Glycyrrhiza lepidota (licorice)
Laburnum anagyroides (golden chain tree)
Lathyrus spp. (pea/vetchling)
Lens culinaris (lentil)
Lespedeza spp. (bush-clover)
Lotus spp. (trefoil)
Lupinus spp. (lupine)
Medicago spp. (medick/alfalfa/bur-clover)
Melilotus spp. (sweet clover)
Phaseolus spp. (scarlet runner or bush bean)
Pisum sativum (pea)
Pueraria montana (kudzu)
Robinia spp. (locust)
Scorpiurus muricatus (scorpionpod)
Sesbania exaltata (Colorado river-hemp/indigo-weed)
Strophostyles helvula (beach or wild bean)
Tephrosia virginiana (goat’s rue)
Thermopsis villosa (hairy bush-pea)
Trifolium spp. (clover)
Trigonella spp. (fenugreek)
Ulex europaeus (gorse, furze)
Vicia spp. (vetch)
Wisteria spp. (wisteria)

white clover nodules white clover nodules
Nodules on the roots of (Trifolium repens)

Plants with Frankia symbionts

Like Rhizobium and Bradyrhizobium, Frankia spp. induce nodule formation in the roots of host plants. Nodules containing Frankia are referred to as actinorrhizal root nodules. The following plant species found in Massachusetts host Frankia symbionts:

Alders (Alnus spp.) [Betulaceae/Birch Family]:
Alnus glutinosa (black or European alder)
Alnus incana (speckled alder)
Alnus serrulata (smooth alder)
Alnus viridis (mountain or green alder)

Elaeagnaceae (Oleaster Family) species:
Elaeagnus angustifolia (Russian olive)
Elaeagnus pungens (Japanese oleaster)
Elaeagnus umbellata (autumn olive)

Myricaceae (Bayberry Family) species:
Comptonia peregrina (sweet fern)
Myrica gale (sweet gale)
Myrica pensylvanica (bayberry)


Plants with Cyanobacterial symbionts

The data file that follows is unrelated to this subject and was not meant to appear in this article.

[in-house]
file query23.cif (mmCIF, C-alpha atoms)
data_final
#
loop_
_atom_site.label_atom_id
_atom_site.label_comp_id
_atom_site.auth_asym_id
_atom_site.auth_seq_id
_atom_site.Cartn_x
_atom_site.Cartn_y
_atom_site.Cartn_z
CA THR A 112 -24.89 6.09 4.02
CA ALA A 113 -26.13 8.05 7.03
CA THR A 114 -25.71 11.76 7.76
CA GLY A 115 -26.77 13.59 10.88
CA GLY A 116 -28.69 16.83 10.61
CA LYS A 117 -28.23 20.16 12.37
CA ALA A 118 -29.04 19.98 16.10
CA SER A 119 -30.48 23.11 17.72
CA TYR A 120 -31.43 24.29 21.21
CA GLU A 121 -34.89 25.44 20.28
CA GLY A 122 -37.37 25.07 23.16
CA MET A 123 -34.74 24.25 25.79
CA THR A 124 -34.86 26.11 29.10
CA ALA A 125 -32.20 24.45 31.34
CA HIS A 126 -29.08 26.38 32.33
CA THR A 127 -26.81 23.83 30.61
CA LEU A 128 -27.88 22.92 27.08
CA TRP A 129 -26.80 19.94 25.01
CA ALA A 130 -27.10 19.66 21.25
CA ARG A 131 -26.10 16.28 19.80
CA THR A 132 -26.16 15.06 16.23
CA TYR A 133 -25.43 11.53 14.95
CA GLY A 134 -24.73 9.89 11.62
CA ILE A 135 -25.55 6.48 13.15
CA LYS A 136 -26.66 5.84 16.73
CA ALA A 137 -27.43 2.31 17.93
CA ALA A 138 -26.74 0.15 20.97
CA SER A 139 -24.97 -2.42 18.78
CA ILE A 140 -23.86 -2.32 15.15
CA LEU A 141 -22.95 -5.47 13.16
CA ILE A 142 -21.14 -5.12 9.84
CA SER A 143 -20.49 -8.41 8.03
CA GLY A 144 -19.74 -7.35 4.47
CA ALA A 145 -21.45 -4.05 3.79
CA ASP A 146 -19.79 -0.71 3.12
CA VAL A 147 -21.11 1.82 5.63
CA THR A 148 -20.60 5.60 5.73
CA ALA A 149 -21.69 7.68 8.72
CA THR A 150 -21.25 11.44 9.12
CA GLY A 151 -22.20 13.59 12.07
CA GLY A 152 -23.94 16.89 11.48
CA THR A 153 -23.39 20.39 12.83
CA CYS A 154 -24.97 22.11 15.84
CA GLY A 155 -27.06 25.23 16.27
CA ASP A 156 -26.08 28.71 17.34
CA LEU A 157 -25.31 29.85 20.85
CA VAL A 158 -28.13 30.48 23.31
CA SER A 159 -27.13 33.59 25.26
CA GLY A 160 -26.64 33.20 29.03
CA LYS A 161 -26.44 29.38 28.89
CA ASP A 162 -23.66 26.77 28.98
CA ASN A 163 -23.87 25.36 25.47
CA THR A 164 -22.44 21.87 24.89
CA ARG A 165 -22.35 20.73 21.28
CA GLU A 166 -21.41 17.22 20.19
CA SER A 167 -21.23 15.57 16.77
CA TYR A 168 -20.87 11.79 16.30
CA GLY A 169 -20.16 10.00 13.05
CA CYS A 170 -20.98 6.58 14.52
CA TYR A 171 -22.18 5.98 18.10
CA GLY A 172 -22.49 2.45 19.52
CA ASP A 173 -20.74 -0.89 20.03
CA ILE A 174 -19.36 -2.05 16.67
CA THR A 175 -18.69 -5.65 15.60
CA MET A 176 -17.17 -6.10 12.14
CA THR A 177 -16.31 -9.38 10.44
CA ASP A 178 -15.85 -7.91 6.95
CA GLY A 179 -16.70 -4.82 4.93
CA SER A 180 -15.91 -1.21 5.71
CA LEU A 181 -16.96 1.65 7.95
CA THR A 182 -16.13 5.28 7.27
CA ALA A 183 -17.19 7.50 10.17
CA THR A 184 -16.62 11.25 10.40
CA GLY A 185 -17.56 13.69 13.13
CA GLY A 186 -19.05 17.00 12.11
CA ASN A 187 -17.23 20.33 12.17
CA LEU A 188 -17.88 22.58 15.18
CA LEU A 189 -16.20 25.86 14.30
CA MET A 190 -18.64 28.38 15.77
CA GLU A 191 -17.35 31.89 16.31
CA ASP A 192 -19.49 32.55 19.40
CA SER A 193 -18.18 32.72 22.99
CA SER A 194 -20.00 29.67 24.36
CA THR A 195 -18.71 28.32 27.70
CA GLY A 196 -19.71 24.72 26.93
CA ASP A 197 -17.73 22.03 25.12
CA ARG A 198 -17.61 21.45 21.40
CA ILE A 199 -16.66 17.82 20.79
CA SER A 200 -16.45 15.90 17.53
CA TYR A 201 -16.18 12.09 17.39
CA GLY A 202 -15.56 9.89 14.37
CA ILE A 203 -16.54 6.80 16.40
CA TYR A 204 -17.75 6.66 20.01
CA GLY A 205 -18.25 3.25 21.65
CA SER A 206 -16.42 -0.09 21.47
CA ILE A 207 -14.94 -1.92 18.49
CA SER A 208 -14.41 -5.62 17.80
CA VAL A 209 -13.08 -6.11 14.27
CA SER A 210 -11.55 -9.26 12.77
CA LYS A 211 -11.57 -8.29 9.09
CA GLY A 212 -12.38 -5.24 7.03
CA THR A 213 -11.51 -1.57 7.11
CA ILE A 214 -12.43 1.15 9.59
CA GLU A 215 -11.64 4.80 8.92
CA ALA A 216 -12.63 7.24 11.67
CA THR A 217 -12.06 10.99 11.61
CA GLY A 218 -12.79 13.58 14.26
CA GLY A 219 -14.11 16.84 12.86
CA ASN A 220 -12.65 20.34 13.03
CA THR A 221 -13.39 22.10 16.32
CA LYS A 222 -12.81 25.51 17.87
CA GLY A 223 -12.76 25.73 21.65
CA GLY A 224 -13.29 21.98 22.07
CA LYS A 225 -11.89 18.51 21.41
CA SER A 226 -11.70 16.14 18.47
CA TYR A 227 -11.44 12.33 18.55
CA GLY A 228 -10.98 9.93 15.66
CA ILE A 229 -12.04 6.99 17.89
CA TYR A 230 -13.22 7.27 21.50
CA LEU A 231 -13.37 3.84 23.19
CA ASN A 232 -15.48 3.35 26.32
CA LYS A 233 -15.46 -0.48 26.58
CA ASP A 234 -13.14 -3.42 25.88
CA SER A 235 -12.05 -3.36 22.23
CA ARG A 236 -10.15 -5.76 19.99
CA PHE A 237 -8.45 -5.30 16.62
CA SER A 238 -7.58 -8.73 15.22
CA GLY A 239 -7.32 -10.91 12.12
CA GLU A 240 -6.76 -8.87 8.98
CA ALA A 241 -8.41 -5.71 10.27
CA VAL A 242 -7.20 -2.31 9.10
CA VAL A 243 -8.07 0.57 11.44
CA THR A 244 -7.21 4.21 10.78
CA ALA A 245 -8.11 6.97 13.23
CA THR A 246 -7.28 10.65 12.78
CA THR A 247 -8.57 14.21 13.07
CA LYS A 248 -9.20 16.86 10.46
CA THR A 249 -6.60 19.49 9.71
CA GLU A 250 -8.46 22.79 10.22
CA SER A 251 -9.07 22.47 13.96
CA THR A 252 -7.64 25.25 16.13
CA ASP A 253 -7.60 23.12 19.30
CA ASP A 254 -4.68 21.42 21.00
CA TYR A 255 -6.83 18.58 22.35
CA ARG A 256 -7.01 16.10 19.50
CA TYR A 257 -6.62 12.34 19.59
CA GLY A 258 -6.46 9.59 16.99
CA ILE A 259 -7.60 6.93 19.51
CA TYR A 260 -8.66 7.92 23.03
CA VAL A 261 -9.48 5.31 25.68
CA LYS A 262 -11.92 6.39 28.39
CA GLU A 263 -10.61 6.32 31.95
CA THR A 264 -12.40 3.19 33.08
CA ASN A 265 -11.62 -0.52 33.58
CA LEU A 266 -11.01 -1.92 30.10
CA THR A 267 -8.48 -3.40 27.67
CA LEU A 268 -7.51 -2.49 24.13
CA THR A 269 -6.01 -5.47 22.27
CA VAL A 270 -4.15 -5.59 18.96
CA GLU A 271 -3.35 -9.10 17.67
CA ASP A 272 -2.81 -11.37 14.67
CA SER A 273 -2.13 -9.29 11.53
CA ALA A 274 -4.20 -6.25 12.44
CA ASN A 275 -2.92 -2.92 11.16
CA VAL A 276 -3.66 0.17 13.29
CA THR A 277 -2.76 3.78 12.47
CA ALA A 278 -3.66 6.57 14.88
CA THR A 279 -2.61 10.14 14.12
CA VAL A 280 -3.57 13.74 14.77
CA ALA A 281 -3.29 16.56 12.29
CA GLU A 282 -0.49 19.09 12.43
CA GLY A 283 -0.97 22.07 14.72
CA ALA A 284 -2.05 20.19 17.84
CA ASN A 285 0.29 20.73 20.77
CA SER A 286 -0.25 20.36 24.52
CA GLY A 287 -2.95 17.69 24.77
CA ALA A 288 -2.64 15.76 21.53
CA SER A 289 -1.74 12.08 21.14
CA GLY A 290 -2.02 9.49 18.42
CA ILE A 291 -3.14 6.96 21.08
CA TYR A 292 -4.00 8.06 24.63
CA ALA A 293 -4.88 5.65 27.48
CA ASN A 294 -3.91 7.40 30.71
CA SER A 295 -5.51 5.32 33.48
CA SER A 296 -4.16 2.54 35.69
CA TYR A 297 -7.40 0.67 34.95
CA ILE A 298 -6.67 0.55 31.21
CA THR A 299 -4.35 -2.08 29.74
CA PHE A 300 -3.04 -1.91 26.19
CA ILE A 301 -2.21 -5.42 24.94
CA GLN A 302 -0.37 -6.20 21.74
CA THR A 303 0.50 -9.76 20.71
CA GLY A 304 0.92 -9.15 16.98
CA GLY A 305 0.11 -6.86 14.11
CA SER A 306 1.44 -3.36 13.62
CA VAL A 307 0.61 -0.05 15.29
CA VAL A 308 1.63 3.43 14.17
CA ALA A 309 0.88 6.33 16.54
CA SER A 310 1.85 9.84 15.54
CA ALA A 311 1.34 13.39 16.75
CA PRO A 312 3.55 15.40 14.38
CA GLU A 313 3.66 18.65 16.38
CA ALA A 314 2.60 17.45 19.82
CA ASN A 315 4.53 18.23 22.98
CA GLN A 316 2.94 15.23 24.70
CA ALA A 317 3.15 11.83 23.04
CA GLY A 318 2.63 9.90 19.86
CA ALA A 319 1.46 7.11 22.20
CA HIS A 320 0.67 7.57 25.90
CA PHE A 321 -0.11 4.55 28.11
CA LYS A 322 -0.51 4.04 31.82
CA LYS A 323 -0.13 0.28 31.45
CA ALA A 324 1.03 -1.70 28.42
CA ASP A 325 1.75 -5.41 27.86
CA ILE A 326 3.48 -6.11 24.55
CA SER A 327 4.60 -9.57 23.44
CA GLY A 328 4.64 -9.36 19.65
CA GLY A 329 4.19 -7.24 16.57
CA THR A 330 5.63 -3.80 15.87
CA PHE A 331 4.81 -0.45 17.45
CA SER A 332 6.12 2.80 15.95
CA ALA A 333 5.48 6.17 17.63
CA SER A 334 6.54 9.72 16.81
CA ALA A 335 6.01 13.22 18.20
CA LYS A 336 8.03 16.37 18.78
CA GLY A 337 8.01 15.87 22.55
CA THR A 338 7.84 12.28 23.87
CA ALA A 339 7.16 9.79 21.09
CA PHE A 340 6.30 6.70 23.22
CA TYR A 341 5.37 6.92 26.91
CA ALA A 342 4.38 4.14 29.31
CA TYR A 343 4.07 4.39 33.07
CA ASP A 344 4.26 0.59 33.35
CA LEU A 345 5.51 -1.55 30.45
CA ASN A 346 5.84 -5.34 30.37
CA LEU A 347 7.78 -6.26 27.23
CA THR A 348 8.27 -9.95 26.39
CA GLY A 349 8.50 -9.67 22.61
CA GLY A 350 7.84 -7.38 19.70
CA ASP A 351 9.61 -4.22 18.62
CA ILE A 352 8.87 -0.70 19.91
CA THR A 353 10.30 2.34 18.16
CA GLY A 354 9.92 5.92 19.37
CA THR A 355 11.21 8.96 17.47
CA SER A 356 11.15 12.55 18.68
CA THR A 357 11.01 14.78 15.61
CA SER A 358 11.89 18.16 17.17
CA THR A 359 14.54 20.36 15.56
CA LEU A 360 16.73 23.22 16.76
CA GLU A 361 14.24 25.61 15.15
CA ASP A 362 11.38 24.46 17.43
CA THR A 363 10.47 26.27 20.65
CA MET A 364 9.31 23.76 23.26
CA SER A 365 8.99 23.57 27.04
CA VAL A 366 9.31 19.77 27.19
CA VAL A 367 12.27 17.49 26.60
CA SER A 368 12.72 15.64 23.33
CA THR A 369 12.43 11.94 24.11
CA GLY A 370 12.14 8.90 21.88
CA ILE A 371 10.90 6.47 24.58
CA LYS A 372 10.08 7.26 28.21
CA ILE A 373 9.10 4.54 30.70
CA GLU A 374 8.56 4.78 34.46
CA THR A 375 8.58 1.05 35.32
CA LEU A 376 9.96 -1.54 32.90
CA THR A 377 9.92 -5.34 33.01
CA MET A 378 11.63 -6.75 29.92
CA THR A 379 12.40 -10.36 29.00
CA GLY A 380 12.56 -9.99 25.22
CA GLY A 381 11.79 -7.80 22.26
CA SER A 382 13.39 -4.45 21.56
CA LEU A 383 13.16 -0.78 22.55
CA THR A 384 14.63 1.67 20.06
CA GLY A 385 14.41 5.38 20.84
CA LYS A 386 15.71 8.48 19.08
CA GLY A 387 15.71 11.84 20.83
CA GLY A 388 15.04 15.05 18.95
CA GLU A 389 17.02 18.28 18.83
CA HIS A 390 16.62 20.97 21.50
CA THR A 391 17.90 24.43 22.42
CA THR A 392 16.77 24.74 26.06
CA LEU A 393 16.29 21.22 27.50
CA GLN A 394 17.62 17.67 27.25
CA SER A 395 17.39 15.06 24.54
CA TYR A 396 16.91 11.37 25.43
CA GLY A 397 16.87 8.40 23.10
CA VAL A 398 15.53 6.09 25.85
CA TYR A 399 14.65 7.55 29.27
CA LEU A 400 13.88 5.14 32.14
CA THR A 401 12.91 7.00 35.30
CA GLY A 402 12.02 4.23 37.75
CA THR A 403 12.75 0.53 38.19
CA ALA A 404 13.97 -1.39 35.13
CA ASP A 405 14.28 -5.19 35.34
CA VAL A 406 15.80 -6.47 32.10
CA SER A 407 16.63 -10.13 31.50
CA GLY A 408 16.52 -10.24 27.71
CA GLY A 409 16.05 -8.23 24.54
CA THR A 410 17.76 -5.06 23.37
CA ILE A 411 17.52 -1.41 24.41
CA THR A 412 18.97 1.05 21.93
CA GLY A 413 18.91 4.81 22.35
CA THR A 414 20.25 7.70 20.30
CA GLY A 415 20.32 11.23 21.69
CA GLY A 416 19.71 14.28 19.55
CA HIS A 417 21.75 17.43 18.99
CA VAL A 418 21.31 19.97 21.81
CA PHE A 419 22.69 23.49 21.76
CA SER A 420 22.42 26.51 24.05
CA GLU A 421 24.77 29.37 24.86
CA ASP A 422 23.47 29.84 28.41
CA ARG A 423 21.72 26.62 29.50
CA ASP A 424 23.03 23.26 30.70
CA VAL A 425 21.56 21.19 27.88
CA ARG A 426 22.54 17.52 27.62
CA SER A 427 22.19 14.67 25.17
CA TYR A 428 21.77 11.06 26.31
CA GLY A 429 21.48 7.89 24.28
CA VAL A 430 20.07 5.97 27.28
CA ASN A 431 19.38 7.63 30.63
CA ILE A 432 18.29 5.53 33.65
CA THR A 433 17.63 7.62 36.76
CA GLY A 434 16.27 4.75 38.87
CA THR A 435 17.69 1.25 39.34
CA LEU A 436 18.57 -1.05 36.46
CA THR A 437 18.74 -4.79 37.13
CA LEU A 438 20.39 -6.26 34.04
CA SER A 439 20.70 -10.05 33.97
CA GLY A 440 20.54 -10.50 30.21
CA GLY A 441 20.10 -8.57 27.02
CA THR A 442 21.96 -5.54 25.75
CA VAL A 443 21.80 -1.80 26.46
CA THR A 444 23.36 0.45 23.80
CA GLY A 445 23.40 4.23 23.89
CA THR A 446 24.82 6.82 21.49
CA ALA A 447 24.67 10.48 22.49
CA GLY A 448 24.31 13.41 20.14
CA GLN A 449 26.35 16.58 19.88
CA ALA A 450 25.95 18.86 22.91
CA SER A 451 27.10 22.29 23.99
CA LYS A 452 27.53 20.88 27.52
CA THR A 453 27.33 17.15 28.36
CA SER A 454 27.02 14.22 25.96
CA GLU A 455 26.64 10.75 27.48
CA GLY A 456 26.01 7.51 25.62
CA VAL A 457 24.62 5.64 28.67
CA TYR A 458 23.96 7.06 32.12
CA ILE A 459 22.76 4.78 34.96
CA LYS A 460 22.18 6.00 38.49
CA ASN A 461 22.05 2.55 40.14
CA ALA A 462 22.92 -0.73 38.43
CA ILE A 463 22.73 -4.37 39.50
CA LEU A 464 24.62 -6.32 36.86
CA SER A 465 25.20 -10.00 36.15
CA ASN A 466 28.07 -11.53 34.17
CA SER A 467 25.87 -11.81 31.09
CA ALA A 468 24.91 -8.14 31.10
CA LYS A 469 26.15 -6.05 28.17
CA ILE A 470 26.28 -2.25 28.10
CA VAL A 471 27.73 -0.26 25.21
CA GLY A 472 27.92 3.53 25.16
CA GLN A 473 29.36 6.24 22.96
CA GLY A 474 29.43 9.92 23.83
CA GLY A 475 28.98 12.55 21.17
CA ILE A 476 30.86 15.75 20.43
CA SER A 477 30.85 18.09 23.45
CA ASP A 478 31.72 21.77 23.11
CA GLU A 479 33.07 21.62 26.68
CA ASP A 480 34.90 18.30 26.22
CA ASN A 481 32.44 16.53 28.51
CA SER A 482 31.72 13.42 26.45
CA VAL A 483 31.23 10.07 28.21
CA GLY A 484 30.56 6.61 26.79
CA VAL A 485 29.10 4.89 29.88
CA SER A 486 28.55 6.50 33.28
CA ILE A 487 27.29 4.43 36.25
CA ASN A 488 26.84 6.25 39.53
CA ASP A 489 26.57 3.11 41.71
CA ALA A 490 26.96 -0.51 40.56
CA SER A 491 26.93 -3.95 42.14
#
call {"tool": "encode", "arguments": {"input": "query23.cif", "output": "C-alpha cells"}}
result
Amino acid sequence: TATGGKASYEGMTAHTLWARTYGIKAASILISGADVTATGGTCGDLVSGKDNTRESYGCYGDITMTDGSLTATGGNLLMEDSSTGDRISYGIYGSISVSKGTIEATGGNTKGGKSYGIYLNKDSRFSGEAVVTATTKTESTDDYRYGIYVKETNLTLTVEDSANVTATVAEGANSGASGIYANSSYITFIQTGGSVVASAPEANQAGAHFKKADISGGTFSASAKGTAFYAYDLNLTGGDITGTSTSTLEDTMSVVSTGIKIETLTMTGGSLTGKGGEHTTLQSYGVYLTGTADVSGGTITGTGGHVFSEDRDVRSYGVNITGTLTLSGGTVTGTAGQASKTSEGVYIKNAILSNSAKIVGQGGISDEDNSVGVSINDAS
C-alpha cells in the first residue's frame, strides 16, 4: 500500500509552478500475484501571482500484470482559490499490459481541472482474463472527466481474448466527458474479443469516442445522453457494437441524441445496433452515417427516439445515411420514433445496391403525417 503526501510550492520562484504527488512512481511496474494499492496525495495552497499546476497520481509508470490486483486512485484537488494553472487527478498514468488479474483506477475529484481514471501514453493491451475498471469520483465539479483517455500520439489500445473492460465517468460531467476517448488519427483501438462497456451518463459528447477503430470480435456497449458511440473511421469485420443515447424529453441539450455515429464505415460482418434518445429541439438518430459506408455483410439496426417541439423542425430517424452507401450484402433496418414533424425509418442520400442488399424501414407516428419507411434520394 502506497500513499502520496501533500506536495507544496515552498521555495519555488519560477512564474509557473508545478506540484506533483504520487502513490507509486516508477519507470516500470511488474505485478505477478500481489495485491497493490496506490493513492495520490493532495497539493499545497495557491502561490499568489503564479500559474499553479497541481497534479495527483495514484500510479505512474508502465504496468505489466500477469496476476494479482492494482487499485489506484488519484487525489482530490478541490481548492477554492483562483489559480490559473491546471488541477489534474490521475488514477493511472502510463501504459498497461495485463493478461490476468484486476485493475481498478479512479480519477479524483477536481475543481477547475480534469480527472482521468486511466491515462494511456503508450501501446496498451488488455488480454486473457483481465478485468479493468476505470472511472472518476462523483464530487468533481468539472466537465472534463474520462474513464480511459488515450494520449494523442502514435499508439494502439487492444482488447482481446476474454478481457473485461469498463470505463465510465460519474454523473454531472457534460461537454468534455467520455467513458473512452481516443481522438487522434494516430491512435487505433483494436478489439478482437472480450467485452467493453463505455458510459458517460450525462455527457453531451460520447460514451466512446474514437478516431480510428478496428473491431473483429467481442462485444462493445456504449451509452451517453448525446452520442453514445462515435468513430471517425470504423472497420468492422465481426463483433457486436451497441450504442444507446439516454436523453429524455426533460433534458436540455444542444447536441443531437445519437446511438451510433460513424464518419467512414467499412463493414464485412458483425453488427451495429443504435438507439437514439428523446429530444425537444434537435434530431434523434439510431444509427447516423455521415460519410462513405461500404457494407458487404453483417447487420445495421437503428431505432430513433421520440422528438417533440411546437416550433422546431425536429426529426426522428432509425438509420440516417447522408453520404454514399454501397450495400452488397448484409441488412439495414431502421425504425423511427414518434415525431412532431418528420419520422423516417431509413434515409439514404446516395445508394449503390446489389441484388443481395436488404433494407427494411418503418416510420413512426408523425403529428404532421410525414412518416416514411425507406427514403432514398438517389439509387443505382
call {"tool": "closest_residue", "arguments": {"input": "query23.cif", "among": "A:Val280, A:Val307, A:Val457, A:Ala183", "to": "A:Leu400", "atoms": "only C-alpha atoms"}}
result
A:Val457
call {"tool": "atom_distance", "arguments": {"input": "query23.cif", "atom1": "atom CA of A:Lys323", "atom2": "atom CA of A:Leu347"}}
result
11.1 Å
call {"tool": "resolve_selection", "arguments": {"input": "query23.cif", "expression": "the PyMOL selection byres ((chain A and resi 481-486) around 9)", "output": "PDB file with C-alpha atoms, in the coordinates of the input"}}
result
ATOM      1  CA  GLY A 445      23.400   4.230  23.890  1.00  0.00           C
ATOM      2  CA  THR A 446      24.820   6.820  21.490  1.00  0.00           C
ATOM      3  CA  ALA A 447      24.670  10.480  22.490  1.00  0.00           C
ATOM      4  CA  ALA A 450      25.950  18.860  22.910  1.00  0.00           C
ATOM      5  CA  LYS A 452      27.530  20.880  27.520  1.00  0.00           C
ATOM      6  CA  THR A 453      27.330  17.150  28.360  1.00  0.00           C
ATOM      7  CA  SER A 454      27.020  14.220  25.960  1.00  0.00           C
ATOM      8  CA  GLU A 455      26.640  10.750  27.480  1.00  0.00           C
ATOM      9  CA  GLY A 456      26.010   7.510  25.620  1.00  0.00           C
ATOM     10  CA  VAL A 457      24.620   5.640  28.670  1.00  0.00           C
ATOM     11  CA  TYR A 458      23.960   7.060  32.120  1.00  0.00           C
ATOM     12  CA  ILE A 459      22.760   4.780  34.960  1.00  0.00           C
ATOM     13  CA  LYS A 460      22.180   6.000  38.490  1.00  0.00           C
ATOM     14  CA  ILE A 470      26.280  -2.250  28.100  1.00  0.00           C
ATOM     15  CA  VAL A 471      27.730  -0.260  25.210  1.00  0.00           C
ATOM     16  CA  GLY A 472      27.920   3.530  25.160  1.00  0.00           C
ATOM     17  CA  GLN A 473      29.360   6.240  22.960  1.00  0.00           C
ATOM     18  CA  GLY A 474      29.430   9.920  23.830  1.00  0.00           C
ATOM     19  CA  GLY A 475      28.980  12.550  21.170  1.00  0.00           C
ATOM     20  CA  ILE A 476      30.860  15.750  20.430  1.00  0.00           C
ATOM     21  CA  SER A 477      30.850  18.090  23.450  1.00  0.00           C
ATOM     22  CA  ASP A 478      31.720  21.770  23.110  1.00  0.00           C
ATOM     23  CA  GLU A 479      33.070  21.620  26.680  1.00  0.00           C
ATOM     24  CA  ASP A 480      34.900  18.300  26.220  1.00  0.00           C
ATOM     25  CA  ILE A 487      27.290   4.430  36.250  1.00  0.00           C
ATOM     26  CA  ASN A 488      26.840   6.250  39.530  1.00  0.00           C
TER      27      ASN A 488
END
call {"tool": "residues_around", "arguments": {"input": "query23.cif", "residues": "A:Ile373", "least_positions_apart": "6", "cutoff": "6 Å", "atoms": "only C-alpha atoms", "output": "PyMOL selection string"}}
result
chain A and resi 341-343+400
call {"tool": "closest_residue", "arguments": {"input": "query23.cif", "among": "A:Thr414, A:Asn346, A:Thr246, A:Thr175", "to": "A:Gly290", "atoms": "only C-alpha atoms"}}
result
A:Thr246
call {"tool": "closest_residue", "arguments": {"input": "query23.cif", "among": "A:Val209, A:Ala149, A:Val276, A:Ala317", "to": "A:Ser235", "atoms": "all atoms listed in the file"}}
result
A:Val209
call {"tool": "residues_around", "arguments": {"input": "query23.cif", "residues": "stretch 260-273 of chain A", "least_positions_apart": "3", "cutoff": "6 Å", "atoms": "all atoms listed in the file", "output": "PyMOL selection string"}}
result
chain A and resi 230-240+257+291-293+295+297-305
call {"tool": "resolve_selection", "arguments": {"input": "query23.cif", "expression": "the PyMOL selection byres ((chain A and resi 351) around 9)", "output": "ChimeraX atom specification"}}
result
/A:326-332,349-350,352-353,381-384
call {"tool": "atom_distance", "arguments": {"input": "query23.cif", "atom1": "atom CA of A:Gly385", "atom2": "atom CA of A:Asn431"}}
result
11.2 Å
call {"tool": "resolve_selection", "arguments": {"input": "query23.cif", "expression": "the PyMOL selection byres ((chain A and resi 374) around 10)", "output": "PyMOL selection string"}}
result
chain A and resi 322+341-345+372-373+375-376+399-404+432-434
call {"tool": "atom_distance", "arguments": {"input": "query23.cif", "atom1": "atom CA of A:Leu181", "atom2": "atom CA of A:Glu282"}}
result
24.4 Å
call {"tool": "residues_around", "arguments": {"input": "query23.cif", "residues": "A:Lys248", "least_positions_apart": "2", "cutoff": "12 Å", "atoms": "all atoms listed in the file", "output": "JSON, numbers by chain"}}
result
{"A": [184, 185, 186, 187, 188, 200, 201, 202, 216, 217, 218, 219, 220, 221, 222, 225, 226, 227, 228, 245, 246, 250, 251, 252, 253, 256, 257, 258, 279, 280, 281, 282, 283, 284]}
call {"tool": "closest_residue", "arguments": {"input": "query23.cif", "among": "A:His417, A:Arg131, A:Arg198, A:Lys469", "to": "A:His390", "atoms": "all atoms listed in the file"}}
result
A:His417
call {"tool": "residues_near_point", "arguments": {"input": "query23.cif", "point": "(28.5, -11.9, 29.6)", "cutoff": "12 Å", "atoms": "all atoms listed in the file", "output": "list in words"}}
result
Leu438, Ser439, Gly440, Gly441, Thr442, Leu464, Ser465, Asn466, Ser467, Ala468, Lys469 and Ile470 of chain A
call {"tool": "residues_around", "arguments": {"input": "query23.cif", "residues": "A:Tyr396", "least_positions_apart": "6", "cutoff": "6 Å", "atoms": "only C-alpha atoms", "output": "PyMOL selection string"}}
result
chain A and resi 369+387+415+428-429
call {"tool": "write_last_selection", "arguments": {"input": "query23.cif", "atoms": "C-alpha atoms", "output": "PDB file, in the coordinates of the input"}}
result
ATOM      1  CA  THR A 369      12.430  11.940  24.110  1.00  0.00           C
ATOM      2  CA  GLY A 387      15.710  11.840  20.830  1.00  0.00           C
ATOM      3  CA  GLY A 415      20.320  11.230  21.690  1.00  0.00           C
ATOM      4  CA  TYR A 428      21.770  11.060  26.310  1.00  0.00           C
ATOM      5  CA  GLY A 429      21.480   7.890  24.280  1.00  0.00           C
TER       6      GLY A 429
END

A number of plants host nitrogen-fixing cyanobacteria such as Nostoc or Anaebaena. In many cases, the cyanobacteria are attached to the outside of the plant. The following plants found in Massachusetts may have nitrogen-fixing cyanobacterial symbionts:

Azolla caroliniana (floating fern) – Anabaena occurs in cavities in the undersides of the leaves of this introduced fern.

Codium fragile (green fleece) – Nitrogen-fixing cyanobacterial symbionts of this introduced seaweed include Calothrix, Anabaena, and Phormidium.

Sphagnum spp. (Sphagnum moss) - Nostoc is usually attached to the exterior of the moss, and, on rare occasions may be found inside the plant cells.

Other plants with nitrogen-fixing cyanobacterial symbionts include certain species of liverworts and hornworts and other mosses, including Polytrichum.


References

Dyer, B.D., 2003. A Field Guide to Bacteria. Comstock Publishing Associates, Ithaca, New York. 355 pp.

Gleason, H.A. and A. Cronquist. Manual of Vascular Plants of Northeastern United States and Adjacent Canada. 1991. Second Edition. The New York Botanical Garden Press: Bronx, NY.

Gosner, K.L. 1978. A Field Guide to the Atlantic Seashore from the Bay of Fundy to Cape Hatteras. Houghton Mifflin Company: Boston.

Margulis, L. and K.V. Schwartz, 1998. Five Kingdoms. An Illustrated Guide to the Phyla of Life on Earth. Third Edition. W.H. Freeman and Company, New York. 520 pp.

Raven, P.H., R.F. Evert, and S.E. Eichhorn. 1992. Biology of Plants. Fifth Edition. Worth Publishers: New York. 791 pp.

Sorrie, B.A. and Sommers, P. 1999. The Vascular Plants of Massachusetts: A County Checklist. Massachusetts Division of Fisheries and Wildlife Natural Heritage & Endangered Species Program.